Queensland Premier Anastacia Palaszczuk denies using polls for COVID calls
Queensland Premier Annastacia Palaszczuk has angrily denied using secretive polling to ensure she was making pandemic decisions that would be popular with voters.
New documents obtained under right to information have shed more light on a $528,000 contract the premier’s department signed with market researcher Ipsos Public Affairs, before Labor was returned at last year’s election.
Ipsos produced a series of reports for the government after polling Queenslanders about pandemic-related issues, including the merit of border closures to deal with COVID-19.
People were also asked what things should trigger an easing of restrictions, and whether the government should trial easing restrictions on a “region-by-region, or sector-by-sector vs all-of-Queensland basis”.
They were even asked what advice they had for leaders to best manage the virus.
The contract, signed by the Department of Premier and Cabinet, also told Ipsos to delve into how Queenslanders rated the performance of individuals in the government, the police service and the health department.
Ms Palaszczuk faced a barrage of questions at Tuesday’s daily coronavirus briefing, and rejected any suggestion the research had informed her COVID-19 decisions.
“No, not my decision making,” she told reporters. “The research was done to help with the advertising campaigns that the COVID taskforce put in place.”
She said it wasn’t unusual for governments to do “sentiment testing” to guide advertising and messaging and it would have been “negligent not to do that”.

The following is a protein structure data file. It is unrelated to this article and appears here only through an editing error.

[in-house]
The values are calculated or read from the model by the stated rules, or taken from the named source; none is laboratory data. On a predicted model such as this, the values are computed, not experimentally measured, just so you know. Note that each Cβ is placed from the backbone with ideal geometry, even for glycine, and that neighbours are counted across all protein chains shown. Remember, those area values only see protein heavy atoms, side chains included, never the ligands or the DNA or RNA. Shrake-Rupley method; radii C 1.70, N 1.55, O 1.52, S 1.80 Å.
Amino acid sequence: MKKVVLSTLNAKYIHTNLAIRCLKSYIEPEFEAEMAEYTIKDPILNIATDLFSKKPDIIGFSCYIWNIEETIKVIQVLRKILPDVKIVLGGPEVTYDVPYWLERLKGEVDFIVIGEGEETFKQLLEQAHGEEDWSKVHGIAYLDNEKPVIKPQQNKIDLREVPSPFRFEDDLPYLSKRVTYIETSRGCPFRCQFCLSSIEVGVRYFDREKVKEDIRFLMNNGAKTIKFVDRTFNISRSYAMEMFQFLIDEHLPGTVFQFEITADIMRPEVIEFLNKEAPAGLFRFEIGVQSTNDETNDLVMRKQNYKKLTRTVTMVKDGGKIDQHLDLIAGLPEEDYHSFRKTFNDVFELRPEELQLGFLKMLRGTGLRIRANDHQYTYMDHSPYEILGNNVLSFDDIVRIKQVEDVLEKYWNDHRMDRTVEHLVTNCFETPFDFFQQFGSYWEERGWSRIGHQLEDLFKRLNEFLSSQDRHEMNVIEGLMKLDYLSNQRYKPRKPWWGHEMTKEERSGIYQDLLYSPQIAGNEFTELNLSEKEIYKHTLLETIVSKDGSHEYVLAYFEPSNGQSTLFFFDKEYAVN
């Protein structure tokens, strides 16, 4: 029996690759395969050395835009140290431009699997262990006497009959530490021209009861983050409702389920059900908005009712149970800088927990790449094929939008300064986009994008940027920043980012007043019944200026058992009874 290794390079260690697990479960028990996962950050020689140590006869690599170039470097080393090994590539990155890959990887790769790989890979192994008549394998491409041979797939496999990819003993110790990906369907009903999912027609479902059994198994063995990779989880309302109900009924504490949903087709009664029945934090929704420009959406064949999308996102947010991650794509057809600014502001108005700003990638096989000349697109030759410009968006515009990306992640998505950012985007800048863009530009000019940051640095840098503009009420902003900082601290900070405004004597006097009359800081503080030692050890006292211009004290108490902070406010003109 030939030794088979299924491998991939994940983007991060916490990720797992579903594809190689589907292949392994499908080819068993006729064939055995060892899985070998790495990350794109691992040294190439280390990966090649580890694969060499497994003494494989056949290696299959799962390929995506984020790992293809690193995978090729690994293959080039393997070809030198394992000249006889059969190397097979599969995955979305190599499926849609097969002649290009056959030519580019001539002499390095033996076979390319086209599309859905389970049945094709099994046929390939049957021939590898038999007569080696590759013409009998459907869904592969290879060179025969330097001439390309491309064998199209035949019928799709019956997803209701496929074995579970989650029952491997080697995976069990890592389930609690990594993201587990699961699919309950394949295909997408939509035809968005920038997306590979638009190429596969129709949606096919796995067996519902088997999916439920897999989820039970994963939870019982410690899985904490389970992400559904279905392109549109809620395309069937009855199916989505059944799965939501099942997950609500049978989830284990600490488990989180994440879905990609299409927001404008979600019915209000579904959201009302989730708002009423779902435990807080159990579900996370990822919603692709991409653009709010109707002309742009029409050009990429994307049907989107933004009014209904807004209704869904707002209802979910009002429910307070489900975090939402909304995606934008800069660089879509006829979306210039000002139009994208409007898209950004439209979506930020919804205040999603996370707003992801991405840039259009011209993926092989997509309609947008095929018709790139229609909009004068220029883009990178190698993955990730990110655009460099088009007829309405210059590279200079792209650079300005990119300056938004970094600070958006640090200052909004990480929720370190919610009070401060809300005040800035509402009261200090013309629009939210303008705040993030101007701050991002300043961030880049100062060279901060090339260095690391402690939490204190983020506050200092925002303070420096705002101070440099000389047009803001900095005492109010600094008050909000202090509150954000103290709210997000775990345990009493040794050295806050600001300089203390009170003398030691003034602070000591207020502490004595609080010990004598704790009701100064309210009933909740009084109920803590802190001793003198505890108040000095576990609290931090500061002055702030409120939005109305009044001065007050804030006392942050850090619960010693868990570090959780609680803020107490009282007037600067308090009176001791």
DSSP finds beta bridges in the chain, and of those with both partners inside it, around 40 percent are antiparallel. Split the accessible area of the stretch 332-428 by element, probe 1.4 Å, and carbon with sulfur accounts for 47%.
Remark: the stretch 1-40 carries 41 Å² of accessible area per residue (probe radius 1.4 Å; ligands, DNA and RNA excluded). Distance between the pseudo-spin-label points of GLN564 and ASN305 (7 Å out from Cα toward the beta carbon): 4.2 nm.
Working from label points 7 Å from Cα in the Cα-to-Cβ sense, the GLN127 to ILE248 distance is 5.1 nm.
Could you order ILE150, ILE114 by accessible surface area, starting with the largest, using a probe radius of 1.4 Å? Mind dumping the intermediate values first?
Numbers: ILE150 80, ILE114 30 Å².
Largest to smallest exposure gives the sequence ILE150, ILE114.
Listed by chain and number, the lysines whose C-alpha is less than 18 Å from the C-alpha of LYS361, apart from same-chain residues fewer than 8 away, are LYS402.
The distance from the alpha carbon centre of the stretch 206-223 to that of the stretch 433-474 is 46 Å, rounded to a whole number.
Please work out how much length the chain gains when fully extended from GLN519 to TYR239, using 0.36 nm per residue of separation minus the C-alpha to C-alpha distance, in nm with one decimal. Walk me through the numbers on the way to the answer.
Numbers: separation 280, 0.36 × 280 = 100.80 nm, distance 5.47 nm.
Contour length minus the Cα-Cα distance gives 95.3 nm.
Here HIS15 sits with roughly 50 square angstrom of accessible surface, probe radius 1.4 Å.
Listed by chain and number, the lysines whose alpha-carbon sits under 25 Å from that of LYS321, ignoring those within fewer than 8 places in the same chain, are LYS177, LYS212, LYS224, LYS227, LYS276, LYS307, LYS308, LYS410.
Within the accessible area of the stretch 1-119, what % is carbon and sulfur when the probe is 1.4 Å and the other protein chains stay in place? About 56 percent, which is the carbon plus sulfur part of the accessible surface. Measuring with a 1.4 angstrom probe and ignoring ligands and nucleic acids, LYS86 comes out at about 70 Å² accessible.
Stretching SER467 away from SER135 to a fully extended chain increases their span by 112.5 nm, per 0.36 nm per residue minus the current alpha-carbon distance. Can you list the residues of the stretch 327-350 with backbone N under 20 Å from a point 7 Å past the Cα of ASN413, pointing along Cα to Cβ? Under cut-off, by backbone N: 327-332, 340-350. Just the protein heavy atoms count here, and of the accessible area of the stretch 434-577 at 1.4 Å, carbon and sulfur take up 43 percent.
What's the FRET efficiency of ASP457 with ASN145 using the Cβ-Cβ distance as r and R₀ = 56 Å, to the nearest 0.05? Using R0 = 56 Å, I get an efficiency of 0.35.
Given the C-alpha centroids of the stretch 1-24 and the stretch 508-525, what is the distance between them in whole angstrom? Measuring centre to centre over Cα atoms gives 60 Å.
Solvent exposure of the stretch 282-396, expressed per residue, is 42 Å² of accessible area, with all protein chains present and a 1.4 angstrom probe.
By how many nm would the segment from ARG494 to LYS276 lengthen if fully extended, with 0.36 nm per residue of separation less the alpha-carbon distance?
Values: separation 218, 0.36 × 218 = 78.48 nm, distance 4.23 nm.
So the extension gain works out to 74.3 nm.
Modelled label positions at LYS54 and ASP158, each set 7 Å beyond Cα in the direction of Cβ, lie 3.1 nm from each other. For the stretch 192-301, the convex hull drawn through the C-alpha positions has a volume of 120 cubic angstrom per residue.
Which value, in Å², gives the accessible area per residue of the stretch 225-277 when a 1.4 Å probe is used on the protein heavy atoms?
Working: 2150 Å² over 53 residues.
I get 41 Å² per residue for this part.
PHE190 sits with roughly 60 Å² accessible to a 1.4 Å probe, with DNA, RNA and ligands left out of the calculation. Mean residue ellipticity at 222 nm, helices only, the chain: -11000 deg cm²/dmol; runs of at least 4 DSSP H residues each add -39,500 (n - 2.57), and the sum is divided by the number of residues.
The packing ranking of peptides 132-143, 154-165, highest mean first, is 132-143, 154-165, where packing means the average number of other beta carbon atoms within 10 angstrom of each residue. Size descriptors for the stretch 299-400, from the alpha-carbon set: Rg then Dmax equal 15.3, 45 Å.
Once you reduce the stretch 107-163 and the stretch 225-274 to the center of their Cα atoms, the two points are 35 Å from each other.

But the premier is also refusing to release the research and the documents obtained under right to information don’t reveal how Queenslanders responded, only what they were asked and some details about the contract with Ipsos.
The opposition has claimed the research was commissioned for political gain and gave Labor an unfair advantage leading into the election last year.
“We’ve been told for 18 months now by the premier that she’s making every decision with respect to COVID-19 based on the health advice,” Opposition finance spokesman Jarrod Bleijie said on Tuesday.
“We have consistently called for the health advice to be made public, and the premier’s refused to do that on every occasion. Is the premier relying on the health advice or she relying on the focus groups’ advice?”
The polling was initially commissioned in April last year when the premier was facing heavy criticism from some quarters for closing Queensland’s border.
On Tuesday, she cited that backlash as evidence she did not use the research to make decisions that would please Queenslanders.
“Everyone was yelling at me to open the borders,” she said.
“So don’t talk to me about popularity. Everybody was attacking me when I stood my ground here, and backed the chief health officer’s advice to me, when ... it was seen as not being popular out there in the public and it kept Queenslanders safe.”
She said she’d always been guided by the advice of Chief Health Officer Jeannette Young, who has been appointed to serve as Queensland’s next governor.
“I’ll tell you who helps guide my decision making - this wonderful woman standing to the left of me, who has helped keep Queenslanders safe,” the premier said of Dr Young.
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